“Are you a professional writer? … Well.. do you write professionally?”
Standing before an audience of devs, designers, strategists, startup wranglers and web monkeys - Kate Kiefer Lee, [co author of Nicely Said and one of the crew behind content and communications at Mailchimp] managed to hit the nail on the head. We are all writers, you with your code documentation, right through to you with your client facing emails. “But Anya” I hear you say, “I know nothing about writing”. Well let’s get started then, with 5 ways to improve your writing now. Look out for our next blog in this series about writing, all about crafting blogs.
Ticking off the writing basics
With everyday writing; blogs, social media posts, emails - it is almost better to not be bogged down with conventions and instead develop a vernacular that is more colloquial, more in the style of speech. Kate covers this, and oh so much more in her Webstock talk ‘Writing in the real world’.
Want to learn about art? You surround yourself with art and artists. Want to learn about writing? Read. Before you head out to snaffle up a copy of Love in the Time of Cholera, keep in mind that reading more in the style which you want to write is a great place to start. For many of you this would mean upping the time spent reading blogs and articles instead of heading to the classics section of the book store. To make this possible why not set up a recurring booking in your calendar devoted to reading, and sign up to a service like Flipboard or Feedly making it easier for you to access content that interests you.
It goes without saying, if you want to write better - you need to write more. But this is one of those easier said than done situations. Or is it? Last year, Casey from BizDojo Auckland interviewed Lean expert Ash Maurya for GridAKL who, as it turns out is big on using tiny habits for big change. One of these habits was constraining his writing time to 30 minutes and 200 words and committing to write every day whilst he had his morning coffee. He called this a non negotiable, and framed the rest of his day around this.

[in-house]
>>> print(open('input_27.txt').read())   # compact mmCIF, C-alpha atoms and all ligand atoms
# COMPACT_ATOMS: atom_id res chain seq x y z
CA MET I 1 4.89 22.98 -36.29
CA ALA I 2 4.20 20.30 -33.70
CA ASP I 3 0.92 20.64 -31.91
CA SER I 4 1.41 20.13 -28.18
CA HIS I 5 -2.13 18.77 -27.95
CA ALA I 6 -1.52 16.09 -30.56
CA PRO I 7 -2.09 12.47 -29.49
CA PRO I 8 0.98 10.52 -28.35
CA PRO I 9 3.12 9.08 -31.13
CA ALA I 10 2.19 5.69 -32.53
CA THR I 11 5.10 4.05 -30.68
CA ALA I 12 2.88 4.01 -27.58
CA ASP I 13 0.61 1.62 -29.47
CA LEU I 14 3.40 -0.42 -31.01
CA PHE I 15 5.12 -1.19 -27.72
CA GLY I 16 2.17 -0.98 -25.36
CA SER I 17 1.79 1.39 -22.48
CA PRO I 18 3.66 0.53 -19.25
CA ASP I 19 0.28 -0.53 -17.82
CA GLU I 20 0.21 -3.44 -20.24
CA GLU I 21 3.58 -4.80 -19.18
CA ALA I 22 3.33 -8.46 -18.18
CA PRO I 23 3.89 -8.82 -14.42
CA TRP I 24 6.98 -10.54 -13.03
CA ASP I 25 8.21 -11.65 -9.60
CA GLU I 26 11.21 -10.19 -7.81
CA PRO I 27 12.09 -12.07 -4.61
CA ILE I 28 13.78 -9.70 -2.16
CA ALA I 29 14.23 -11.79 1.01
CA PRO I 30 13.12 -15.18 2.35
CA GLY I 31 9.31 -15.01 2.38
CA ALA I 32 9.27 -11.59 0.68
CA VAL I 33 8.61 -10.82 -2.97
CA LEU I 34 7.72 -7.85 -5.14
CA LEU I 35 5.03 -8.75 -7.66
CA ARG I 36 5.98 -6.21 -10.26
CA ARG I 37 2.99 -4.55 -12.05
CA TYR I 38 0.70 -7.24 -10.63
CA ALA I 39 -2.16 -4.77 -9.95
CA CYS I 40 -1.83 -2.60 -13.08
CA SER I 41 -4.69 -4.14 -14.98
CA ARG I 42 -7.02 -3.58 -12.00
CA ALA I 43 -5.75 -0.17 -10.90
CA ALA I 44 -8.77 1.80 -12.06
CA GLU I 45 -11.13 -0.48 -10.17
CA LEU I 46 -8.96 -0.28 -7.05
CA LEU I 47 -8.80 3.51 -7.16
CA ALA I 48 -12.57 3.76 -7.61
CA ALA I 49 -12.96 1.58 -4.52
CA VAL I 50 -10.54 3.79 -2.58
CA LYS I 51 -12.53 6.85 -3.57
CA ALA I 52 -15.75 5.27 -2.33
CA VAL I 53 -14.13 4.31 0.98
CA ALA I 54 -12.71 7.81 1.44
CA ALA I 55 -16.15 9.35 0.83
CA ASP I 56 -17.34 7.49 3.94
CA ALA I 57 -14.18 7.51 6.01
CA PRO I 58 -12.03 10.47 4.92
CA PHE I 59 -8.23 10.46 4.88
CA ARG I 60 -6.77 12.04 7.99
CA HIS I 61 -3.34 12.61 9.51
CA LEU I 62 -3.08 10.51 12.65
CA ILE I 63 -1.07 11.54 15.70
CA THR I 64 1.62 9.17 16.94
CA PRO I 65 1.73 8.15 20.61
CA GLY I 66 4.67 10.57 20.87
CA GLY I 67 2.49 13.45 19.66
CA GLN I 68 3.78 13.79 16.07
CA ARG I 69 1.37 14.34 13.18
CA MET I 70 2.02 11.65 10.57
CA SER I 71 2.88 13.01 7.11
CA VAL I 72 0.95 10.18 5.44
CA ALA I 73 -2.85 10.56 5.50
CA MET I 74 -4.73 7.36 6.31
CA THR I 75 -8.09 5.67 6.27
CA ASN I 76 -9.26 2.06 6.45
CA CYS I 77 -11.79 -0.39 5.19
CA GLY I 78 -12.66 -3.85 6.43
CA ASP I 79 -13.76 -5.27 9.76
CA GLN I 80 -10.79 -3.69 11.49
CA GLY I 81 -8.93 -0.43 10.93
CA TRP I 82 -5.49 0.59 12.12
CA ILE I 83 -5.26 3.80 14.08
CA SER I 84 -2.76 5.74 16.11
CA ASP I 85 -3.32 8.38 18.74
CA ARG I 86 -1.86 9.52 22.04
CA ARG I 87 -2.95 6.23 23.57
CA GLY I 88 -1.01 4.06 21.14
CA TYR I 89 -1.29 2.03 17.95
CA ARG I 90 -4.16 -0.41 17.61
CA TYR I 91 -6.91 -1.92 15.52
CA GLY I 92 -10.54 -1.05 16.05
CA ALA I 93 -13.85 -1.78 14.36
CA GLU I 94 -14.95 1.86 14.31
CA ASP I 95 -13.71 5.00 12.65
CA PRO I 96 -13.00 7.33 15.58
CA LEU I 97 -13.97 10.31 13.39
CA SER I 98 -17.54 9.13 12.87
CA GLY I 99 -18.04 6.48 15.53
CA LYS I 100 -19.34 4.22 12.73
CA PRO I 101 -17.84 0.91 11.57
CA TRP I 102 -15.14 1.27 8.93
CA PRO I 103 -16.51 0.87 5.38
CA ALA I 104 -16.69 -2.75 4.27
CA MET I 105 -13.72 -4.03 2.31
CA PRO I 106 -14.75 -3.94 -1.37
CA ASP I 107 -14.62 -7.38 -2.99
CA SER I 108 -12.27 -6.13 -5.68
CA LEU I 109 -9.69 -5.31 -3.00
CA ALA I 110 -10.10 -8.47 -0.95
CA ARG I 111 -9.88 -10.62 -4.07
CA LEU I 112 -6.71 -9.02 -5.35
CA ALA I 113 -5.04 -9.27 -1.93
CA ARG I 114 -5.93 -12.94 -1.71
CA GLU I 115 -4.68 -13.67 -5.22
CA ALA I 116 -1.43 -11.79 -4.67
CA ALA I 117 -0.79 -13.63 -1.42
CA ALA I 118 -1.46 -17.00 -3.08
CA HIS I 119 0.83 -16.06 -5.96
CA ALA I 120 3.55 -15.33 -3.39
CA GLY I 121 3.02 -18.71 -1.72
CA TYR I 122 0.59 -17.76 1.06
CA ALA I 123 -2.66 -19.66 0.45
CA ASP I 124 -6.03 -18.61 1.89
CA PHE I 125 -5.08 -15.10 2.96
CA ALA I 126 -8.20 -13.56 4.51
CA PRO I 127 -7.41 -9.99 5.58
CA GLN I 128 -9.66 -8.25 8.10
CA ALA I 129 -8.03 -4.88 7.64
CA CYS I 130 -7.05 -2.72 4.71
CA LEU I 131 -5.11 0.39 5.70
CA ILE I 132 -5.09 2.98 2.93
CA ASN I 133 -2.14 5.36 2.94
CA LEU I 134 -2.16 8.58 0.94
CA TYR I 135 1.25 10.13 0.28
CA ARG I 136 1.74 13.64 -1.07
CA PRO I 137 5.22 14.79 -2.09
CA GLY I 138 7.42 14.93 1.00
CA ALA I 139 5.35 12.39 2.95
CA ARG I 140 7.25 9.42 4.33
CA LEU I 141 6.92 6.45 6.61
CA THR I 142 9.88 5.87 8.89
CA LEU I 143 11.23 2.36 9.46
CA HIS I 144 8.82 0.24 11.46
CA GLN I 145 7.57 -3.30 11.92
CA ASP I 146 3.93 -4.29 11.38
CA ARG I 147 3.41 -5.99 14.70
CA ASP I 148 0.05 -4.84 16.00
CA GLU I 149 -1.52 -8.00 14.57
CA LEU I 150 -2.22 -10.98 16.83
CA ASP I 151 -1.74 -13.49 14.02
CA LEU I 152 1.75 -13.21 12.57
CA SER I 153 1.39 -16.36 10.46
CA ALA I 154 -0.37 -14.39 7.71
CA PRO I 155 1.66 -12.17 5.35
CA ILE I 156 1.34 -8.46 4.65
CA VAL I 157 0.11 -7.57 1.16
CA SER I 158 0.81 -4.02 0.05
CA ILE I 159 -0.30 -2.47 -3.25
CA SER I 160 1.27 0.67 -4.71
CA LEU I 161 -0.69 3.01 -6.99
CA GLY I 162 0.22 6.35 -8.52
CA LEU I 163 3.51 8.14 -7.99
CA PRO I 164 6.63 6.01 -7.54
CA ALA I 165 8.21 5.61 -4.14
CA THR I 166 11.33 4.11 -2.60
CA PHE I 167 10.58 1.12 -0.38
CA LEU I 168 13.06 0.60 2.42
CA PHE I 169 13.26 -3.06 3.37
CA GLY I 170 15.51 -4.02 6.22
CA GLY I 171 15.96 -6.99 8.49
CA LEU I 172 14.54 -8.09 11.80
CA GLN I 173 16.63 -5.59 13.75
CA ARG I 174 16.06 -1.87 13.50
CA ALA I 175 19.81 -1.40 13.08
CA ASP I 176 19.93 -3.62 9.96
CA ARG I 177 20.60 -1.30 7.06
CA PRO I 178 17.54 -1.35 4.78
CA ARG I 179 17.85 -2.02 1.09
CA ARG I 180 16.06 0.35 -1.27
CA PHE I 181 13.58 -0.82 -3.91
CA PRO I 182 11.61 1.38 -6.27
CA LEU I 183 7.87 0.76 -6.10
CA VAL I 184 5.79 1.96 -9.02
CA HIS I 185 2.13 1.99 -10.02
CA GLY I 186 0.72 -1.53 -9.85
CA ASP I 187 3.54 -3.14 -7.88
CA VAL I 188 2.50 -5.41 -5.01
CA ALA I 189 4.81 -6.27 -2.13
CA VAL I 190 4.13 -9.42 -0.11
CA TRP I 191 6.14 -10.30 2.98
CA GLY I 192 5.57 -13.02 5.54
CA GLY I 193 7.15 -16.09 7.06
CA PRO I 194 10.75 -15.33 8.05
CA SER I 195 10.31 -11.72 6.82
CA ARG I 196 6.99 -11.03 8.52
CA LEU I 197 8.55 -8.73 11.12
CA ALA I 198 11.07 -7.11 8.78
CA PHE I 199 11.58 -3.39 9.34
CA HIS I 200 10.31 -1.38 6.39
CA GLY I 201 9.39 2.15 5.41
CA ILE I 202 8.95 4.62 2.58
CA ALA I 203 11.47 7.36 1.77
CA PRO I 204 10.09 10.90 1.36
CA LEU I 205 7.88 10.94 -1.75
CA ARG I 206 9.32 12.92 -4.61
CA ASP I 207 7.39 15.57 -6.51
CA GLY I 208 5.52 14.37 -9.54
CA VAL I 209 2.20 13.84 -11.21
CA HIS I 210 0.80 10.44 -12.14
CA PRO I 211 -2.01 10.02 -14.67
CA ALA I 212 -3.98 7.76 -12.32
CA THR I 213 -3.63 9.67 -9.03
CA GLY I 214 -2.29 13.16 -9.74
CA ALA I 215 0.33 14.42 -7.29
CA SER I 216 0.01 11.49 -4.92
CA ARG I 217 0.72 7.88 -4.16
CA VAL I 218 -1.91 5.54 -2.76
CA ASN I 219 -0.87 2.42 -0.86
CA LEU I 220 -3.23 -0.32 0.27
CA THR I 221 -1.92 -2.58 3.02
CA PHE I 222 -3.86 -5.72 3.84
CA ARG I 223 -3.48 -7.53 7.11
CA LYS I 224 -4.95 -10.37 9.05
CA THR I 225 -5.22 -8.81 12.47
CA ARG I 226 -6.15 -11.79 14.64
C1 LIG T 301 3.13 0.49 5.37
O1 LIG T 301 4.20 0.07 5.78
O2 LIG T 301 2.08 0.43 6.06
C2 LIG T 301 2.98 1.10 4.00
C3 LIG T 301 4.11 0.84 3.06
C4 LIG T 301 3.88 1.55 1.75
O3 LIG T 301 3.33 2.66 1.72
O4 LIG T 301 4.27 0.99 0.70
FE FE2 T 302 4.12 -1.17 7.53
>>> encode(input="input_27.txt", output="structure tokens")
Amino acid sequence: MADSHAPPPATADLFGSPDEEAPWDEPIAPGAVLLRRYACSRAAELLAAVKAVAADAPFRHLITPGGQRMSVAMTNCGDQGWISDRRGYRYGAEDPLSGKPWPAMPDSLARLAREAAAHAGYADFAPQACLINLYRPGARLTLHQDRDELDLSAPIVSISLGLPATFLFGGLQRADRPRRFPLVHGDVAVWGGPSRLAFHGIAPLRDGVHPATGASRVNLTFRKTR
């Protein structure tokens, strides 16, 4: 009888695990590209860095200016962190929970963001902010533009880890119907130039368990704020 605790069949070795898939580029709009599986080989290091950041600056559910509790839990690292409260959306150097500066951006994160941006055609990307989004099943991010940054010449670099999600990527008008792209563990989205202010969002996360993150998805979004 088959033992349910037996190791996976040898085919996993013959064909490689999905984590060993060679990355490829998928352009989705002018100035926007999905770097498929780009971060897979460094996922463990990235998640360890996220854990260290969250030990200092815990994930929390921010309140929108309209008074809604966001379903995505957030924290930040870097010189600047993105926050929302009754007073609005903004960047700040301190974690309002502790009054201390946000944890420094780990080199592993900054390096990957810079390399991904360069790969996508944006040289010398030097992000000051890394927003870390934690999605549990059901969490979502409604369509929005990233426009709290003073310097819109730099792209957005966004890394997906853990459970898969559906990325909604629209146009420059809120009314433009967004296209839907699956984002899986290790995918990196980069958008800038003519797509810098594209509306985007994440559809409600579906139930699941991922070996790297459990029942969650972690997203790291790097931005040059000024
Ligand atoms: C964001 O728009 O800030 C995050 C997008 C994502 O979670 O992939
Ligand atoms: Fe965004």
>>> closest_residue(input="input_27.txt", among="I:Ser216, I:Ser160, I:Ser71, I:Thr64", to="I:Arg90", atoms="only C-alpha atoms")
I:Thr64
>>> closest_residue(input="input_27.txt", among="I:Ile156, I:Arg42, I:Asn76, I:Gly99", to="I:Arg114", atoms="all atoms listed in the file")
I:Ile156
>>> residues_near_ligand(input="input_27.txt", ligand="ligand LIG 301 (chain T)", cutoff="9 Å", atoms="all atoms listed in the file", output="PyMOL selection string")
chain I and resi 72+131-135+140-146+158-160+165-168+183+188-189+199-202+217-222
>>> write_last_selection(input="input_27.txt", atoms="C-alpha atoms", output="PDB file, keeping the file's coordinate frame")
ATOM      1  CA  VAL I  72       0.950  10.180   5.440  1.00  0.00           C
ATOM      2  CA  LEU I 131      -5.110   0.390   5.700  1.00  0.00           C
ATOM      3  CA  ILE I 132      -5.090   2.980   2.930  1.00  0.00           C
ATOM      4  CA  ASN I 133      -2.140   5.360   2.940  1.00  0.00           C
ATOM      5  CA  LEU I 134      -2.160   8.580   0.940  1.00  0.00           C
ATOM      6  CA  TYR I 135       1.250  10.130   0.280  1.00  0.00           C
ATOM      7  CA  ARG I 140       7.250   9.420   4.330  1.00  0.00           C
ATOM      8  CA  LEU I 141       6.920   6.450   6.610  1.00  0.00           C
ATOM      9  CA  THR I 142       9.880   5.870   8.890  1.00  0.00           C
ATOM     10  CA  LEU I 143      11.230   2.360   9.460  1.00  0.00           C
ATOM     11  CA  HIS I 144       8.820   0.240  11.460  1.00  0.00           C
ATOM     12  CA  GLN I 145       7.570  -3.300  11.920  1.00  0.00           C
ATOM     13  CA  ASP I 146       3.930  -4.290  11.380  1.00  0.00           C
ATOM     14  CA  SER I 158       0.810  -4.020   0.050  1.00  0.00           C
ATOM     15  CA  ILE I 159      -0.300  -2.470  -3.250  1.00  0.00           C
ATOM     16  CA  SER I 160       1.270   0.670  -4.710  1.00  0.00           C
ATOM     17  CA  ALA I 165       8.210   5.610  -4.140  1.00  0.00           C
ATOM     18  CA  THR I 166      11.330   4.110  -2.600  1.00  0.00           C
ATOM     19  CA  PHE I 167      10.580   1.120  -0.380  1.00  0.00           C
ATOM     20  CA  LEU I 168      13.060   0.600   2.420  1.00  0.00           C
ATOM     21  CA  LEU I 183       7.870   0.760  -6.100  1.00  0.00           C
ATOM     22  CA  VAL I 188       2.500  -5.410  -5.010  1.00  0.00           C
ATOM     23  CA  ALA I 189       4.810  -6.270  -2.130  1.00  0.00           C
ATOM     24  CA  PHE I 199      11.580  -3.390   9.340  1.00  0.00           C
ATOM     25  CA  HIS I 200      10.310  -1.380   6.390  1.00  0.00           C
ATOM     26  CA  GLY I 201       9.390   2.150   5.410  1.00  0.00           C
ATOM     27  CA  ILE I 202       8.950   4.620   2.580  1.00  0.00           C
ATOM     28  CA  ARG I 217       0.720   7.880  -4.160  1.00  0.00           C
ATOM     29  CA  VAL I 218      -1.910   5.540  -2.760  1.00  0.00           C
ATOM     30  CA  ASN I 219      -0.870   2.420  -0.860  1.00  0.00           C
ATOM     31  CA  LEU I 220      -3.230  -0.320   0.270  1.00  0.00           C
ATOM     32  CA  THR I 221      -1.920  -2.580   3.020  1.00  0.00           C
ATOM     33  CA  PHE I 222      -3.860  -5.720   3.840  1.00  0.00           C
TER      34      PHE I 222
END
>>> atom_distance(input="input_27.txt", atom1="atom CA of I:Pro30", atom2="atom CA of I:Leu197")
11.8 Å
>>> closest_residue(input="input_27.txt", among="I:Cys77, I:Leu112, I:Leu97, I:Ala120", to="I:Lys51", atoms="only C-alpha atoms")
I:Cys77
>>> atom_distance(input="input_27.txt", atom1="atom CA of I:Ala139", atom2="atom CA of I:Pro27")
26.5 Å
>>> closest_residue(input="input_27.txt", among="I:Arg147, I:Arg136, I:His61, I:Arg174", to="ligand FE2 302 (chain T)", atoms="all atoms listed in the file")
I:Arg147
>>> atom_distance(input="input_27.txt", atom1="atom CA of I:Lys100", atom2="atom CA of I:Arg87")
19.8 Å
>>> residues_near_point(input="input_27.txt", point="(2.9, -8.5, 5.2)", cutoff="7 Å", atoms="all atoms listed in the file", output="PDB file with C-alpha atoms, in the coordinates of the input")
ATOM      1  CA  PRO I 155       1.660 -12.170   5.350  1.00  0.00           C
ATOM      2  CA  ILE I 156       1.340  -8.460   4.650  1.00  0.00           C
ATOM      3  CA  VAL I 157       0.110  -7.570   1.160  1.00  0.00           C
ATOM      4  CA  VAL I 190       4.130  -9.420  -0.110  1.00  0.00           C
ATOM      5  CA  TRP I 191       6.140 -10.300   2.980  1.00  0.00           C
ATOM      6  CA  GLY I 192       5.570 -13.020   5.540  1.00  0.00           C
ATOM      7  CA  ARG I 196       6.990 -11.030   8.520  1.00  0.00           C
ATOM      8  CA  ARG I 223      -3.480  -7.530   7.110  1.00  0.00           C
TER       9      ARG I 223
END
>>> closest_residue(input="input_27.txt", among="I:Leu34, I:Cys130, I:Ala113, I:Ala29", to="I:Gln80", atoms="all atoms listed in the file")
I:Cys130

Making your writing clear, to the point and bold
Like you would spellcheck a document before you send it out, Hemmingway App is a free tool that checks your writing for style. Like Hemmingway, for whom it is named, the idea behind the app is to make your text as clear, readable, to the point and bold as possible. Great for those of us who are prone to being a little long winded.
Frame your thoughts & be kind about them
Blank pages suck, as does having to write and rewrite over and over. Instead of attacking the blank page, frame out how you want your writing to go. Writing a blog post on cats? Write out the title, leave space for the introduction then put in place the points about cats you want to cover - then work to fill it in. Remember that almost always first drafts are kind of crappy, so when you do your first cut getting all your ideas down onto paper make sure you have that grace period to go back in and tidy it all up.
Anya is the brand and marketing manager at BizDojo, when she is not working she is writing. You can see some of her writing (in the form of tweets) here.